James Fortune is a man with a message.  He’s been active in ministry since the age of five, when he began playing the drums in his father’s church.  Now, as a two-time Grammy Award nominee and a father, he is using his personal experiences and life lessons as a way to continue to grow, and to help others in the process. His latest album, “Dear Future Me,” was written to encourage listeners to forget about the hurt of past mistakes and hardships, and to look ahead to what God has planned for their lives.

James Fortune counts gospel legends like John P. Kee and Kirk Franklin as two of his main musical inspirations.

“A lot of my sound came from the influence of those two artists, and as I began to mature, God began to give me my own songs, and I began to write and pick a sound that I love,” said Fortune.

He notes that his sound has matured from album to album, and in “Dear Future Me,” he is focusing on looking ahead. In this latest project, Fortune sings about “speaking to our future self.”

“A lot of times what we worry about most is the future, and getting past the next stage of life, and what the future holds,” said Fortune.  “We understand that life and death is in the power of the tongue, and we can speak positivity and life, or we can speak death.”

“What I’ve discovered is that when you spend so much time looking backwards, you can never really walk into what the future has for you, because you are allowing the old you and the things you may have allowed in the past to taint and hinder what God has for the future you,” continued Fortune.  “The album is a letter to our future self, and it’s all about being positive and uplifting.”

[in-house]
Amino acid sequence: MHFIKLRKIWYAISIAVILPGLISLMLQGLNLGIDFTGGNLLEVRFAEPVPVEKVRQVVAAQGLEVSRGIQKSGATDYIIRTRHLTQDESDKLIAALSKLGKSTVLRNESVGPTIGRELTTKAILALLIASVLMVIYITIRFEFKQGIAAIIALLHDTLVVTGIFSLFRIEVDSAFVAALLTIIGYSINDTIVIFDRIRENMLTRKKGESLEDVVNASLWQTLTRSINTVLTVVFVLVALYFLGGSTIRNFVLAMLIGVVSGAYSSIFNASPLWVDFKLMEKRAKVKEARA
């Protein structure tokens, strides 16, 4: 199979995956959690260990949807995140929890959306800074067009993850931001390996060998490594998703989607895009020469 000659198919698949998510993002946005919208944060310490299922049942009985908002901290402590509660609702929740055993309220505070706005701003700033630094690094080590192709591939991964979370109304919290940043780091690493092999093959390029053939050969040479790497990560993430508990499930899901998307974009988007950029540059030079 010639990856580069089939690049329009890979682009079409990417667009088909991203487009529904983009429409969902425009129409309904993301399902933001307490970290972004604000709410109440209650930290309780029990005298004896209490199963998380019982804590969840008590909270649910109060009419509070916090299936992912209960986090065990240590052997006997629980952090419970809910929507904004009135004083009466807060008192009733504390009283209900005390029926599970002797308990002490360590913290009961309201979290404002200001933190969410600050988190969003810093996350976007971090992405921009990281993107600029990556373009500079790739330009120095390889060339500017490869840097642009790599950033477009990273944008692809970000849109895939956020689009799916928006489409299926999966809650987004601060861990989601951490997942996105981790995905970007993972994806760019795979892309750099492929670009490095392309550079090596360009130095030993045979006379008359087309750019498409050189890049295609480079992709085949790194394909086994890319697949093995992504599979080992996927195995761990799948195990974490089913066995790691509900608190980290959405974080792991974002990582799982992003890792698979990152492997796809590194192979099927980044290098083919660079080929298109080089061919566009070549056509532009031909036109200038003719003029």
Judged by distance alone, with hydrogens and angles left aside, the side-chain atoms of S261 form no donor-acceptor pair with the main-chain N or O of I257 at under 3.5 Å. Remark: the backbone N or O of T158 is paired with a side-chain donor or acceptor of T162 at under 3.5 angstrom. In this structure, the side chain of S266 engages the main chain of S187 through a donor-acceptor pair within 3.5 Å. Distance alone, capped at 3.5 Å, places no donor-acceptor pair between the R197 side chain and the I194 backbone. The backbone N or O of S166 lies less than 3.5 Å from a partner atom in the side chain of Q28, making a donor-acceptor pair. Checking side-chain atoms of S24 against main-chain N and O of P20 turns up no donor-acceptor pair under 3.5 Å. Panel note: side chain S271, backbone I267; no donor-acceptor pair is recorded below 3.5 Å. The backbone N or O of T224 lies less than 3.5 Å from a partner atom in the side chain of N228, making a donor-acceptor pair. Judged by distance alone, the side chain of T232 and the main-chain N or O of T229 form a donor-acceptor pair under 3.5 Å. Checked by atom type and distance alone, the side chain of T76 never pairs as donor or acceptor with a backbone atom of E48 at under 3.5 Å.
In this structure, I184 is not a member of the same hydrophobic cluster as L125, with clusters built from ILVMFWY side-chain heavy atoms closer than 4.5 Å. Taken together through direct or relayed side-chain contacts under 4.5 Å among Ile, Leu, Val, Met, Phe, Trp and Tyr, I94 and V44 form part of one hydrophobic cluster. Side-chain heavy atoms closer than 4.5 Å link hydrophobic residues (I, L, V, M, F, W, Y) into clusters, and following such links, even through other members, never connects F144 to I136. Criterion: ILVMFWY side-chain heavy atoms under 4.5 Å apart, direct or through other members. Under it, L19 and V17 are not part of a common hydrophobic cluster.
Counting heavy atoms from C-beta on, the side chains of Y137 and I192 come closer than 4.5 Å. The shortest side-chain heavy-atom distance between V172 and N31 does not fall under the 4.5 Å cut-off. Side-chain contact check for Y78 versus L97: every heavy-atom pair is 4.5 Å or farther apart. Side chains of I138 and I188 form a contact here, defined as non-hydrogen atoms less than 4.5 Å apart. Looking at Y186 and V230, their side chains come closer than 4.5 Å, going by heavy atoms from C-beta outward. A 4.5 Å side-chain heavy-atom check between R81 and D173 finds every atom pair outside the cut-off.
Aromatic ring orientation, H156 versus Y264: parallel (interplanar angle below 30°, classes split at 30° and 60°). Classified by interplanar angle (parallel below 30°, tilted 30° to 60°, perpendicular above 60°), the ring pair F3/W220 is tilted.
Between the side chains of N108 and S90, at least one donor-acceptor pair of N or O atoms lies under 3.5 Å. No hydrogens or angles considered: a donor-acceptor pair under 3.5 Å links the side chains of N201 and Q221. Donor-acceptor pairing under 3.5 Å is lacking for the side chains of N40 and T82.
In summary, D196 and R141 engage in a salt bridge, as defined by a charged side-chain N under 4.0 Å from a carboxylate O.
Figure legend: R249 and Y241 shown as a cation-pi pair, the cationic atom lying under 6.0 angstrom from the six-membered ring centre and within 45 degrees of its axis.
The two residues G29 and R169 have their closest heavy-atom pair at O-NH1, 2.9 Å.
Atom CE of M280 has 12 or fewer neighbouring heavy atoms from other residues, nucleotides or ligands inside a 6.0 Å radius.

In addition to music, Fortune is working to help uplift others through work with his new record label, and he’s even moving beyond music to help encourage other men to walk in what God has planned for their lives.

“I have a Back to Manhood seminar, conference, and tour that is going to be starting in the fall. I’ll be speaking to men, helping them get through life, and understand that their past doesn’t have to be their future. They may have failed, but they aren’t failures.  They may have made mistakes but their lives don’t have to be mistakes. I’m allowing God to use me in any way he wants.”

In speaking on his 2014 domestic violence arrest, Fortune notes that what has helped him the most has been learning to be accountable for his actions.

“I am human, and I understand that there are moments and seasons where, as a man, you may fall,  but it’s not about when you fall because you will. It’s about how to get up from a fall,” said Fortune.

“It all starts with accountability. It was all about owning the decisions I made. I won’t call them mistakes, because mistakes are done unintentionally. Sometimes we make decisions that we are ashamed of, and don’t want to take accountability for. That’s what turned the corner for me. When you just go on without accepting responsibility, what you are doing is holding in shame.  That becomes toxic, and the cycle continues because you’re still hurt.  You cant help people until you’re healed, and one of the main things about healing is being accountable.”

Purchase your copy of his new album “Dear Future Me” in stores and on all major digital outlets today!

Cara Noel is a New Jersey native, who now resides in Brooklyn.  A proud graduate of Morgan State and Drexel Universities, Cara is a unionist and rabble rouser, who loves Jesus, music, and all things pretty.  Follow her on Twitter at @noelcarad.